Liquid Air & The Logistics Sector

LindeWith fuel prices rising, the search for sustainable and cost effective fossil fuel alternatives is on going. As fuel prices continue to damage hauliers’ ability to provide services, UK companies are feeling the pressure as European based businesses are able to meet the demands of the sector with the help of lower diesel prices. Enter the Centre for Low Carbon Futures (CLCF), which believes that liquid air could be the answer everyone’s looking for.

Just like normal air, but in liquid form; its use as a fuel has been well known for some time, but until recently production costs have been prohibitive. The CLCF’s latest report indicated that not only would liquid air prove to be a cheaper fuel to run vehicles off, but would be far more environmentally friendly than the carbon dioxide producing fuels currently in use.

And it’s not just logistics that could benefit from liquid air. Even the ability to power your home could benefit from a little (or a lot of) liquid air, with new technologies being developed to transfer and store the fuel in its various stages, along with efficient methods of creating the energy without combustion required. Liquid air could power our power plants, our homes and our vehicles.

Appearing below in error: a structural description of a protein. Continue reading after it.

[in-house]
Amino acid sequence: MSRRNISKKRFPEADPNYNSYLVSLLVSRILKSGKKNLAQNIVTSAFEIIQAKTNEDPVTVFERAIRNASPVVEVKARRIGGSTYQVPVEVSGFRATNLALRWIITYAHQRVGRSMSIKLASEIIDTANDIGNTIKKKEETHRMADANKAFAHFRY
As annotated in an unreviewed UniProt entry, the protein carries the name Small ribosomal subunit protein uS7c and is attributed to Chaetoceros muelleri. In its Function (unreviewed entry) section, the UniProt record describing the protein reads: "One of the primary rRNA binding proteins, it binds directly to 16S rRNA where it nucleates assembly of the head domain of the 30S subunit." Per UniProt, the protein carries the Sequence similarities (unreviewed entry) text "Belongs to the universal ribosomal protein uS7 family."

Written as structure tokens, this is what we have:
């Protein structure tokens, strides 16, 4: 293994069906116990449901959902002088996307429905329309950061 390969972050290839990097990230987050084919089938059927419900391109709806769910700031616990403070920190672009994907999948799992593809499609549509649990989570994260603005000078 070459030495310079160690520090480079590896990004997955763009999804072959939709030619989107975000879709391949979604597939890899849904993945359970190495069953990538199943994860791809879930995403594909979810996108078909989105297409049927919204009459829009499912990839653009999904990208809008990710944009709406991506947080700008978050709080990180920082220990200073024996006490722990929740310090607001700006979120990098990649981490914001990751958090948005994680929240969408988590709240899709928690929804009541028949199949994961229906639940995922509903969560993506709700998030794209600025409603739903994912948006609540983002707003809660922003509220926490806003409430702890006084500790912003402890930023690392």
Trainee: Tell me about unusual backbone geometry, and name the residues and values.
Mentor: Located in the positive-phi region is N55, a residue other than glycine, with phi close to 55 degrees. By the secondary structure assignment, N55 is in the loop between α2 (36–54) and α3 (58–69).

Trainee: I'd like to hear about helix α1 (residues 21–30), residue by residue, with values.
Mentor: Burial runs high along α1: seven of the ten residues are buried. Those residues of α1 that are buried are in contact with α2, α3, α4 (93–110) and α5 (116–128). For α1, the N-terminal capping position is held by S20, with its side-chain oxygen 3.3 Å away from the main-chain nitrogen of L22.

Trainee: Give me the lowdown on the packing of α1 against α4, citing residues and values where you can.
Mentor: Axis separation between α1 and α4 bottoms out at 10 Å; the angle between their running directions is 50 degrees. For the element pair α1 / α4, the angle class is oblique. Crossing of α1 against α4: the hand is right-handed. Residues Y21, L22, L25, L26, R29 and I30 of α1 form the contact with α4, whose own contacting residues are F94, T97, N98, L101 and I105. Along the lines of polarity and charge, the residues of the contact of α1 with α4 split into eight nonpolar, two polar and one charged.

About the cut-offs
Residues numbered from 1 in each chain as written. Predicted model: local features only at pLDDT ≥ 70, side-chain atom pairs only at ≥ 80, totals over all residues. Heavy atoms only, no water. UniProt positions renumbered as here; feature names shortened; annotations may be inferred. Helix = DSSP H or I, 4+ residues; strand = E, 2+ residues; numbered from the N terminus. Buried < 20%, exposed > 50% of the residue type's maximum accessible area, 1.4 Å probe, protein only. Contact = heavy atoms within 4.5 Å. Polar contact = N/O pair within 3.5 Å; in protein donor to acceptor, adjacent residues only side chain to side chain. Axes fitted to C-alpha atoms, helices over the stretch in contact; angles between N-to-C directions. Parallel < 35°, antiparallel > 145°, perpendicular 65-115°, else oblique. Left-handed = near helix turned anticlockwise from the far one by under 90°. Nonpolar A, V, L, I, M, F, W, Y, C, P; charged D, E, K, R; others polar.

The CLCF’s study – entitled Liquid Air in the Energy and Transport Systems: Opportunities for Industry and Innovation in the UK – highlighted the greater industry and employment that would come hand in hand with the need to produce, store and distribute liquid air, as well as the opportunity it presents to reduce greenhouse gases and create sustainable energy for the nation.

Said to be 100 times more powerful per gallon than fossil fuel, liquid air could be just what the world needs to meet energy demands. But for the logistics sector, the ability to meet reduced carbon emissions using a sustainable fuel that’s cheaper than fossil fuels currently available on the market, could only boost efficiency. Testing of liquid air in conjunction with a power plant has already been in place for the last two years, further applications for the fuel are currently being reviewed with new technologies being developed to allow wide spread use.

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